A Fordham English Degree Opens Doors

Kamrun Nesa, Fordham ‘16, has only been out of school a short time, and she’s already making her mark on the publishing world. Kamrun is an associate publicist at Grand Central Publishing and a freelance writer whose work has appeared in USA Today and The Washington Post.

Kamrun Nesa, ‘16.

Kamrun Nesa, ‘16.

When asked about her experience at Fordham, Kamrun says, “Fordham’s English Department was instrumental in launching my career as a book publicist and freelance writer, namely three professors who provided a strong support system during my time at Fordham: Mary Bly, Elizabeth Stone, and Vlasta Vranjes.”

Kamrun took several journalism classes––taught by Elizabeth Stone––for Fordham’s award-winning student newspaper The Observer, which inspired her to take up freelance writing during college.

“I also took Mary Bly's Publishing: Theory and Practice class my junior, which introduced me to the many facets of publishing and also inspired me to pursue creative writing and craft my own stories. I received my first internship through that class, which put me on a trajectory that culminated in a full-time publicity job at a book publishing house after college. 

While the professional courses helped me hone my career (and craft!), the literature courses I took, namely Victorian and 19th-century literature, deepened my appreciation for books. I loved books long before college, but Vlasta Vranjes’ creative approach took that to another level and enhanced my understanding of subtext. This level of deep analysis is something I continue to use in my writing and my full-time job. It’s how I come up with angles for the projects I work on and write press releases.”

Click here see Kamrun’s most recent article in the Washington Post: "Misconceptions about arranged marriage abound. Romance authors are here to help."

Congratulations to Kamrun! We wish her continued success.

2019 Reid Writer of Color: Kiese Laymon Talk, Reading, and Book Signing

We are proud to host Kiese Laymon, author of Heavy: An American Memoir, at the 2019 Reid Writers of Color Reading Series. He will be giving a talk/reading and there will be a book-signing on Wednesday, April 3 at 5pm in Keating 1st Auditorium at Fordham University’s Rose Hill Campus. His visit is part of the Reid Family Writers of Color Reading Series, which since 2008 has brought some of the most celebrated writers of color to Fordham.  Events have included readings, master classes and panel discussions.  The English Department at Fordham is deeply grateful to the Reid Family for their continuing generosity.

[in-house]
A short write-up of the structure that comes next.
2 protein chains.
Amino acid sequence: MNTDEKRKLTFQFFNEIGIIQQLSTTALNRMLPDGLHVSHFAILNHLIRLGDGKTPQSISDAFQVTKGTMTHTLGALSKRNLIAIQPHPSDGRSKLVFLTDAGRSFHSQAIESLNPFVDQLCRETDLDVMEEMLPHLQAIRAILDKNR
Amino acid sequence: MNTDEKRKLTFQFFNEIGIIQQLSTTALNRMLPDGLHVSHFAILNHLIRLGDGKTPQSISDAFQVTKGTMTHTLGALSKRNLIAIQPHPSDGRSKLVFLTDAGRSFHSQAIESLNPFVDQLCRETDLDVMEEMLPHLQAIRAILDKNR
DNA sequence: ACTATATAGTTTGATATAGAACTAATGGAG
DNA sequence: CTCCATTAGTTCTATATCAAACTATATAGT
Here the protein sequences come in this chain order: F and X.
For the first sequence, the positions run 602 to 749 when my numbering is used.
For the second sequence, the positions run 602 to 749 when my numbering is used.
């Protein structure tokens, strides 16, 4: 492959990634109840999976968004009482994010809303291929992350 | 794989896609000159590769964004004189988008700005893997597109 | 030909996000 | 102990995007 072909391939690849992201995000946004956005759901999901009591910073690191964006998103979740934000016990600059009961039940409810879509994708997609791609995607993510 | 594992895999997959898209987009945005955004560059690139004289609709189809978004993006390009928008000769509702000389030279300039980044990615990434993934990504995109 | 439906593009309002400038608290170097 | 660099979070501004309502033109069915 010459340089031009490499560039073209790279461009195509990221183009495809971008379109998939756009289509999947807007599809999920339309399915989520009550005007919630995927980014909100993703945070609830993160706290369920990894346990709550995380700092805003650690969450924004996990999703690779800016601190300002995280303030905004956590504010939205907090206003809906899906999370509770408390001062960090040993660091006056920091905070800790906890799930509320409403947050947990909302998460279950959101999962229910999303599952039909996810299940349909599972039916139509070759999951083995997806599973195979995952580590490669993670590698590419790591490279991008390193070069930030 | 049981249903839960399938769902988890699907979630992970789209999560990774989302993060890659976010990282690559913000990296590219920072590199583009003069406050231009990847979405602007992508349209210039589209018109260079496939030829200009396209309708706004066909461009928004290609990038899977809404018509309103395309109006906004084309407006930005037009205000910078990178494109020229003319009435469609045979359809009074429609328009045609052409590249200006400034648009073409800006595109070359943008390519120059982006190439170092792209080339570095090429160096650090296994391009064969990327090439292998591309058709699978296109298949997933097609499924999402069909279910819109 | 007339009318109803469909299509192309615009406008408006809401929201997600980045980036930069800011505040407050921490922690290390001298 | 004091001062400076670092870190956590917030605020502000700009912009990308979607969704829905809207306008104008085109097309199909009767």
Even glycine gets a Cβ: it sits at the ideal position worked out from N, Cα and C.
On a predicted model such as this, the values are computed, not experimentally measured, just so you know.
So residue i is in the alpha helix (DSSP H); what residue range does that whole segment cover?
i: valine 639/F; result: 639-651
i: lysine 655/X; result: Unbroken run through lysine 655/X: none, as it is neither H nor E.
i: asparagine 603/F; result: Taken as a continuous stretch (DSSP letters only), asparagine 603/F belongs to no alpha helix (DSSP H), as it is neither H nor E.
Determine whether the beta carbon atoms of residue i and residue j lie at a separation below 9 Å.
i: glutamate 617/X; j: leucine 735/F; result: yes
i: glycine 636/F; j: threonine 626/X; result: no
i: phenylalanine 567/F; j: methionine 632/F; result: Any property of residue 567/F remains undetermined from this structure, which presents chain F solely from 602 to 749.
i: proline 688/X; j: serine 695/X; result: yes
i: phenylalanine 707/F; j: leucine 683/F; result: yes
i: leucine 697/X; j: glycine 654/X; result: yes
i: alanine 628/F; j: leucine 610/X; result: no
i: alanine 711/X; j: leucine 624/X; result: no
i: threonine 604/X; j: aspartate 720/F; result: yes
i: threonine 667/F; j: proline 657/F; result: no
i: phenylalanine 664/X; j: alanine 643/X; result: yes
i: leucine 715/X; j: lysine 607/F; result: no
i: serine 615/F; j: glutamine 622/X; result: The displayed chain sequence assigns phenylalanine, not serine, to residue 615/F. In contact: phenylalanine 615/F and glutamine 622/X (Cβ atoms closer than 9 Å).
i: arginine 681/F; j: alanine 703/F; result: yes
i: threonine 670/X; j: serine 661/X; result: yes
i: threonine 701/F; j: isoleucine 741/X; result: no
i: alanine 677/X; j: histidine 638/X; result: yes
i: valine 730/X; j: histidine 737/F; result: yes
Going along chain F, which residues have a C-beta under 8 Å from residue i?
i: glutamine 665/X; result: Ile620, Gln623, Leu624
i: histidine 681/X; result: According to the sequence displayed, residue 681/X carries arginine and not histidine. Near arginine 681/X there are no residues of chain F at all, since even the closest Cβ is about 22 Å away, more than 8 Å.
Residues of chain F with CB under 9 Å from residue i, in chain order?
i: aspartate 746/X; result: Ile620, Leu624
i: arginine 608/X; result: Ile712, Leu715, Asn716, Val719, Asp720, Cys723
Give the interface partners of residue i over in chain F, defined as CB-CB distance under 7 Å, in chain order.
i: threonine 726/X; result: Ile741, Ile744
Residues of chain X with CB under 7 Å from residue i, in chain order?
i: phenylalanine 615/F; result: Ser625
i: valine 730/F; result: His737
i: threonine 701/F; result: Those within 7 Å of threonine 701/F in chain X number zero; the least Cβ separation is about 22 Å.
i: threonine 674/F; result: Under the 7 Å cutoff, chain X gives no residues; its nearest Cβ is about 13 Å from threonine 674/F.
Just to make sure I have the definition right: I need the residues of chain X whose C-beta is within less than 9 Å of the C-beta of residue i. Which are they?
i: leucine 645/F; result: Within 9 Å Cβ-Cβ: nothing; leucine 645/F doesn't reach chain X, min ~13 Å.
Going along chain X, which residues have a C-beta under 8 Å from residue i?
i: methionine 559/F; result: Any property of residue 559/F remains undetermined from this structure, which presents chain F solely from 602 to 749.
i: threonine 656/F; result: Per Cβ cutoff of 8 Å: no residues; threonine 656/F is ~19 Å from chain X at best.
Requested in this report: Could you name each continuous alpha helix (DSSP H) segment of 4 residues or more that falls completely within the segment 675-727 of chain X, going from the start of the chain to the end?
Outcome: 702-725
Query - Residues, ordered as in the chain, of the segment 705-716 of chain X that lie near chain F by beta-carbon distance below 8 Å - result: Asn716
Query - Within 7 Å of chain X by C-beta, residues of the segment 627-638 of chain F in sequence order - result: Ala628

About Kiese Laymon

Kiese Laymon is a black southern writer, born and raised in Jackson, Mississippi. Laymon attended Millsaps College and Jackson State University before graduating from Oberlin College. He earned an MFA in Fiction from Indiana University. Laymon is currently the Ottilie Schillig Professor of English and Creative Writing at the University of Mississippi. He served as the Distinguished Visiting Professor of Nonfiction at the University of Iowa in Fall 2017.  Laymon is the author of the novel, Long Division  and a collection of essays,  How to Slowly Kill Yourself and Others in America, the UK edition released in 2016. 

Laymon has written essays, stories and reviews for numerous publications including Esquire, McSweeneys, New York Times, ESPN the Magazine, Colorlines, NPR, LitHub, The Los Angeles Times, The Guardian, PEN Journal, Fader, Oxford American, The Best American Series, Ebony, Travel and Leisure, Paris Review and Guernica. He has two books forthcoming, including a memoir called Heavy expected in October 2018 and a novel, And So On, in 2019, both from Scribner.

2019 Reid Book: Heavy

In Heavy, Laymon writes eloquently and honestly about growing up a hard-headed black son to a complicated and brilliant black mother in Jackson, Mississippi. From his early experiences of sexual violence, to his suspension from college, to his trek to New York as a young college professor, Laymon charts his complex relationship with his mother, grandmother, anorexia, obesity, sex, writing, and ultimately gambling. By attempting to name secrets and lies he and his mother spent a lifetime avoiding, Laymon asks himself, his mother, his nation, and us to confront the terrifying possibility that few in this nation actually know how to responsibly love, and even fewer want to live under the weight of actually becoming free.